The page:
Update on Orphan Sunday

Orphan Sunday

As a church we recognize Orphan Sunday in November. What does this designation mean? If we’re not careful, observing Orphan Sunday becomes the Sunday, distinct from all other Sundays, that we mention orphans, announce the need among them, and mourn the fact that so many children are left alone and destitute. And if we’re not careful, our responsibility is perceived fulfilled in commemorating a day known as Orphan Sunday. Jesus calls to more than commemoration. He calls us to action, and he calls us to act specifically on behalf of orphans and widows.
Why Orphan Care?

Orphan Care explains and demonstrates the gospel. Caring for the orphaned is at least an obedience issue and at most a gospel issue. It is first an obedience issue because the people of God are called to care for the orphan from the beginning of Christian Scripture. Directive is given to avoid mistreating them in Exodus 22:22-24; to seek justice for the fatherless in Deuteronomy 27:19 and Isaiah 1:17; to protect, provide, and care for orphans in Deuteronomy 14:28-29, 24:17-22, and Zechariah 7:10; and to help and support the fatherless in James 1:27. God is not simply the Lawgiver on behalf of the orphan yet divinely distant. God the Father is identifying himself Father of the fatherless in Psalm 68:5; seeking justice for the orphan in Deuteronomy 10:18; upholding the fatherless in Psalm 146:9; and receiving those forsaken by father and mother in Psalm 27:10.
Caring for the orphan is most significantly, though, a gospel issue. It is a portrait of the gospel repeatedly painted by Jesus and writers of the New Testament. We, who are children of wrath (Ephesians 2:3), are at first no part of the heavenly Father’s family but reckoned as orphans. Jesus, not received by his own people, welcomed those who did receive him and gave them the right to become children of God (John 1:11-12). Paul uses adoption language as well in multiple books, perhaps most clearly picturing the gospel as adoption in Galatians 4:4-7. These verses clearly illustrate the gospel as adoption when Paul writes, “God sent forth his Son… to redeem those who were under the law, so that we might receive adoption as sons.” Adoption, so closely tied to the gospel, demands that orphan care is a gospel issue. As Jesus said to his disciples, “I will not leave you as orphans; I will come to you” (John 14:18).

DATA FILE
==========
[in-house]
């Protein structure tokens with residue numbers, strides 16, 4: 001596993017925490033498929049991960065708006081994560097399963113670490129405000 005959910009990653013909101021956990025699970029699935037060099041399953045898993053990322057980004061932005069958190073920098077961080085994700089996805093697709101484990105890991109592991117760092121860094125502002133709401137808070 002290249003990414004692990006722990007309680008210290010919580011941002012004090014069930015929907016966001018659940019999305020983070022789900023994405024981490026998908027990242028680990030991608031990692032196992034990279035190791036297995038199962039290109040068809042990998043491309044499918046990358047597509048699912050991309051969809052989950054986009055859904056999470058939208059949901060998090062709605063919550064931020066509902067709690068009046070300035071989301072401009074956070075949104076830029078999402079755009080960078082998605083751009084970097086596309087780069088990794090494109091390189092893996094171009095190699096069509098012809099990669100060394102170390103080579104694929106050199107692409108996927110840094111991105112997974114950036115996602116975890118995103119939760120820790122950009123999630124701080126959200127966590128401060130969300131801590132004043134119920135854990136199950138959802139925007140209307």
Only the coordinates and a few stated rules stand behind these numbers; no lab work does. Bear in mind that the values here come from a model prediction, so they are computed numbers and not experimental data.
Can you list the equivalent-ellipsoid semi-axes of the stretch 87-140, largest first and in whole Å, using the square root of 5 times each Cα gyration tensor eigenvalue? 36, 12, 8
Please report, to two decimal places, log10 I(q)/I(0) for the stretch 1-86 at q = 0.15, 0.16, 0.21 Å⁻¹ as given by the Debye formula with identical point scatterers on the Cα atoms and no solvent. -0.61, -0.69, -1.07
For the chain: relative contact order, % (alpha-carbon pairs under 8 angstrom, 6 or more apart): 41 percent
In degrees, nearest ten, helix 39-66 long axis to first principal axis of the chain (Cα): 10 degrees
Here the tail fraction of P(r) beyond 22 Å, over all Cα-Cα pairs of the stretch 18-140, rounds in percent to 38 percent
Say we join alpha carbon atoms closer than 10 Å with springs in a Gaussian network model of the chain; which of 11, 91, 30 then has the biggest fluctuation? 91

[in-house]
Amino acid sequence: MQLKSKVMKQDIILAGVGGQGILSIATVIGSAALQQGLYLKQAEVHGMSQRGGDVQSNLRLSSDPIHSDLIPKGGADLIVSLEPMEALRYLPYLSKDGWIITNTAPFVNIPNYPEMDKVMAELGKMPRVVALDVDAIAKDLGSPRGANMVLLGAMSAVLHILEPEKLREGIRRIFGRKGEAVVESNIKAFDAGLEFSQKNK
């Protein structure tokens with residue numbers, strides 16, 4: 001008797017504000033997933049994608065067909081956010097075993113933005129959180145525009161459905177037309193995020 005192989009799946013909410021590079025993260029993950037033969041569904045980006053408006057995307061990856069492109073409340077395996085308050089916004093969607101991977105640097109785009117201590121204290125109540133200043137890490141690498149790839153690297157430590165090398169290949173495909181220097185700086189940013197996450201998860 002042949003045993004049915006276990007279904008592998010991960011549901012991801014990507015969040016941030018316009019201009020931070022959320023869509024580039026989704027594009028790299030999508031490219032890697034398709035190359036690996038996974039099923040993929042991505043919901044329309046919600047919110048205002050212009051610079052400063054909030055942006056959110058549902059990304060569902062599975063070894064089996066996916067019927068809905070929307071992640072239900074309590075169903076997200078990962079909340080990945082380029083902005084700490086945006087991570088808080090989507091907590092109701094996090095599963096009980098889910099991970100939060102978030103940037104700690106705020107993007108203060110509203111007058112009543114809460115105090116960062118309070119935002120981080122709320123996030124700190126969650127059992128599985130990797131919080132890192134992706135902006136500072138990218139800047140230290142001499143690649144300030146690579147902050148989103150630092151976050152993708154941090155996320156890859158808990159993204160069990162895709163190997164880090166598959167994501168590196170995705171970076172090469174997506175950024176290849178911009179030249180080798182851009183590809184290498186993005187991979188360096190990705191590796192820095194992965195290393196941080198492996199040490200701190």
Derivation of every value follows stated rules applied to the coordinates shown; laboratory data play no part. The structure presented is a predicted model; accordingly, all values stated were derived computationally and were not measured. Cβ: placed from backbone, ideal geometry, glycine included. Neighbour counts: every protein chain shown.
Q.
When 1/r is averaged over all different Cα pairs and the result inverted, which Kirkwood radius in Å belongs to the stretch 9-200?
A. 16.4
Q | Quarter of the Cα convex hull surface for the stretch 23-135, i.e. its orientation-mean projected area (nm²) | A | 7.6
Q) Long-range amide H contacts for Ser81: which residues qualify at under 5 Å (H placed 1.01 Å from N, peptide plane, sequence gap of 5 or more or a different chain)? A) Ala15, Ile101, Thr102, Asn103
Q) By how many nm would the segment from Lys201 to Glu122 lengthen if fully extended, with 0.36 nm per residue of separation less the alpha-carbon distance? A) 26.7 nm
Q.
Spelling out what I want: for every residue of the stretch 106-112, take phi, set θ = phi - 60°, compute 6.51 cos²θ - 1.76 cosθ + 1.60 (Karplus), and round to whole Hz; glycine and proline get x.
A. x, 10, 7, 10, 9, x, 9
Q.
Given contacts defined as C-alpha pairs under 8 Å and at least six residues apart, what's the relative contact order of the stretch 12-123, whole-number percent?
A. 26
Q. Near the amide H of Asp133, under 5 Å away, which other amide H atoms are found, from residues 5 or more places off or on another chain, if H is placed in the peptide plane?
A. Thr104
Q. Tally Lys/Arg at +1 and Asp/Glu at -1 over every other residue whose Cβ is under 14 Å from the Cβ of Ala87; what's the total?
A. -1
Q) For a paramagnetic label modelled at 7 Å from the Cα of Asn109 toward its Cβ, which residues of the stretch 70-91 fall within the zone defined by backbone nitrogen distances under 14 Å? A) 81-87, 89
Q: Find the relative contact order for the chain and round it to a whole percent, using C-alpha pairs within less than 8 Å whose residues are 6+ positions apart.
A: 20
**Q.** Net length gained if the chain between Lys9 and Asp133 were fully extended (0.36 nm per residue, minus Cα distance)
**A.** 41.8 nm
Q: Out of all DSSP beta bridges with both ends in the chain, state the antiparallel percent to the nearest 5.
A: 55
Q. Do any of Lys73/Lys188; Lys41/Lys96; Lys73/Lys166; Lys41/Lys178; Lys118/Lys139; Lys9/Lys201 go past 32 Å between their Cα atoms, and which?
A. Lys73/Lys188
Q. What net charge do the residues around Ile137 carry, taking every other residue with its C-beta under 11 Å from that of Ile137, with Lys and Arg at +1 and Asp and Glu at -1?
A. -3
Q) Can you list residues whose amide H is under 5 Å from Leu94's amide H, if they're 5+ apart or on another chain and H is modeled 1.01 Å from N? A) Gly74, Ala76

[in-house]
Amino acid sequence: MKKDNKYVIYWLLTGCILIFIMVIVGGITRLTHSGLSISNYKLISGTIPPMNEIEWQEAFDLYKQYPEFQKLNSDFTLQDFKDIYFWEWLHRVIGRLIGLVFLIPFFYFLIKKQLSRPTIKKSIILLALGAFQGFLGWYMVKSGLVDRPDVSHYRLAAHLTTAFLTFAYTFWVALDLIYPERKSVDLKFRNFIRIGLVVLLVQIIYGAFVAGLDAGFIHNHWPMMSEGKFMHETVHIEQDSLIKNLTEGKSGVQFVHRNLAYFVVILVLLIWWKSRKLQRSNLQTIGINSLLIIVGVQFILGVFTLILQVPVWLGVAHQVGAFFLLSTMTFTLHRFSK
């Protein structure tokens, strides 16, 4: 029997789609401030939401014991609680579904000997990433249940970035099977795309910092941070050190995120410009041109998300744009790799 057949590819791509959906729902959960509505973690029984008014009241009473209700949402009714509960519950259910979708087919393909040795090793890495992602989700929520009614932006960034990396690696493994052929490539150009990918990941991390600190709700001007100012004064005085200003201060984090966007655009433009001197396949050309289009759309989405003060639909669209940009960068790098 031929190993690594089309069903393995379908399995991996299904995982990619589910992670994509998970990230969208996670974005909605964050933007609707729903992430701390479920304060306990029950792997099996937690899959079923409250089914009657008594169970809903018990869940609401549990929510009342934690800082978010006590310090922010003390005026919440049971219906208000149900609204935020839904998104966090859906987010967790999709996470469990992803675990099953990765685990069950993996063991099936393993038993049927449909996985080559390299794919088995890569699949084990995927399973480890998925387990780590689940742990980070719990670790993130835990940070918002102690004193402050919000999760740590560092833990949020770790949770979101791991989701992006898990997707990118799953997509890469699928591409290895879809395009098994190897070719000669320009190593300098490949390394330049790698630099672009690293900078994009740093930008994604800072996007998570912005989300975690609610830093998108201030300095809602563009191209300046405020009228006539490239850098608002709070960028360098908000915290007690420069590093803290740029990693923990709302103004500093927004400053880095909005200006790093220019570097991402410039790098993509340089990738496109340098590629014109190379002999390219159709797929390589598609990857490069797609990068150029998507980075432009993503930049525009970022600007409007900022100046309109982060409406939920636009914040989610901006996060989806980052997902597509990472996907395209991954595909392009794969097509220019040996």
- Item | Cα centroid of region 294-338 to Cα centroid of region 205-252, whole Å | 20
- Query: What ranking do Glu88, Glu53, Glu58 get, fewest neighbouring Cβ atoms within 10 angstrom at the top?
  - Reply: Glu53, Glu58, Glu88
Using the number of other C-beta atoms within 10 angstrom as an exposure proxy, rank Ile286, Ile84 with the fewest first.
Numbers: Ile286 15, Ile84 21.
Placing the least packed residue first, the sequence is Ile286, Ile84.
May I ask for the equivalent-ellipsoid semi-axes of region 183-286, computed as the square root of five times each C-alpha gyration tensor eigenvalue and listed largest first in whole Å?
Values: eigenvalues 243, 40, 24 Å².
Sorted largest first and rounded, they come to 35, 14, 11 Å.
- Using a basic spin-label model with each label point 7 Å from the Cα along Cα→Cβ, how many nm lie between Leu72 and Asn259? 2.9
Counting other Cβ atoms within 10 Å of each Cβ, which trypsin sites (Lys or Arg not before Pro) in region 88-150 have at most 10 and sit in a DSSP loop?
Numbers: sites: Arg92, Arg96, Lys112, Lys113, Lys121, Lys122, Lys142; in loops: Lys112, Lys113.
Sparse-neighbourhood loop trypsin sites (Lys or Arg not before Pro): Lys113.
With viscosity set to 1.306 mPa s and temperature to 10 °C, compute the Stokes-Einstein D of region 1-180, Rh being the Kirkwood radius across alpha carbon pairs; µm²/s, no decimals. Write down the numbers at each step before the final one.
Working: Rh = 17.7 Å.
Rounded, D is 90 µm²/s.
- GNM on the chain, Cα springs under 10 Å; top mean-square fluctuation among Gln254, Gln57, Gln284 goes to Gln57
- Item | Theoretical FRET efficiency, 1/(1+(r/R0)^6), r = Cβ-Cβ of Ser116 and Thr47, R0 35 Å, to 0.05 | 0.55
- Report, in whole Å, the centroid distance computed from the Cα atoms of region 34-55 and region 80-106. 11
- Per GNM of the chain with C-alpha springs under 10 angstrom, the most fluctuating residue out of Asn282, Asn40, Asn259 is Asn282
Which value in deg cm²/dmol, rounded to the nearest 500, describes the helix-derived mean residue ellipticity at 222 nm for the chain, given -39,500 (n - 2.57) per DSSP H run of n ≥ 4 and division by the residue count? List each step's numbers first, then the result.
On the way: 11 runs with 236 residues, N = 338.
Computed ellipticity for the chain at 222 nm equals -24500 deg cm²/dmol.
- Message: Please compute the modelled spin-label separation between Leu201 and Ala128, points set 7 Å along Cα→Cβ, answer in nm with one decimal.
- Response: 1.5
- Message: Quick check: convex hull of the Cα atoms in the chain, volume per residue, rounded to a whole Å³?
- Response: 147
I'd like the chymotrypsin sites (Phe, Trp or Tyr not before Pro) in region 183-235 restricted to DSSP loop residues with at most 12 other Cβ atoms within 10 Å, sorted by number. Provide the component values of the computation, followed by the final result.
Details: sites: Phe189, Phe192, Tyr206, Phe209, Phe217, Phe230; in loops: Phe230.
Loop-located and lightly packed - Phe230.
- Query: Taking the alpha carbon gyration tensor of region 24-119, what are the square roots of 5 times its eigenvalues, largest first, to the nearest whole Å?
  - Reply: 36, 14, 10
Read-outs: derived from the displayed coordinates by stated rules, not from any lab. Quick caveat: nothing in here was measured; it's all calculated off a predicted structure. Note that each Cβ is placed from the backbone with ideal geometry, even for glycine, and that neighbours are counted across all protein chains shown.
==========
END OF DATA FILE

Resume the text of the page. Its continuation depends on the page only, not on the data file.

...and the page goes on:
Your Response

I was delighted to see how you responded on that Sunday to the call to orphan care, particularly through the Guardian ad Litem (GAL) ministry. A number of people expressed interest and asked questions about how they could help. Seven families took their action a step further and signed up for Hands of Hope. And over fifty people signed up expressing interest in the GAL program. We’re bringing the GAL training to Parkwood through our Equip classes to make it even easier for you to follow through in caring for these orphans that are in desperate need of your care and concern. You can express your interest in GAL training that begins January 6, 2016 by completing this form on our website. Foster Care training will also be available beginning on that date.
Call to Continued Care

Parkwood responded on Orphan Sunday, but our job is not finished. If you expressed an interest in GAL, Hands of Hope, or some other form of orphan care, I encourage you to follow through with action. As John encourages us, “let us not love in word or talk but in deed and in truth” (1John 3:18). If you did not express interest, consider what God may have you do in obedience to his command to care for orphans or to display his gospel to a world that did not receive him. It is not acceptable that so many children are without father and mother and so many are abused and mistreated. Remember, God is aware of this tragic problem, and he has a solution. He has called his family to be family to those without a family. Indeed, how can we assume that we have fulfilled our responsibility to the orphan by commemorating a single day of the year? Orphan care clearly implicates how we personally obey our heavenly Father as well as how we understand and communicate his gospel. Let us so love the world not only in word or talk but in deed and in truth.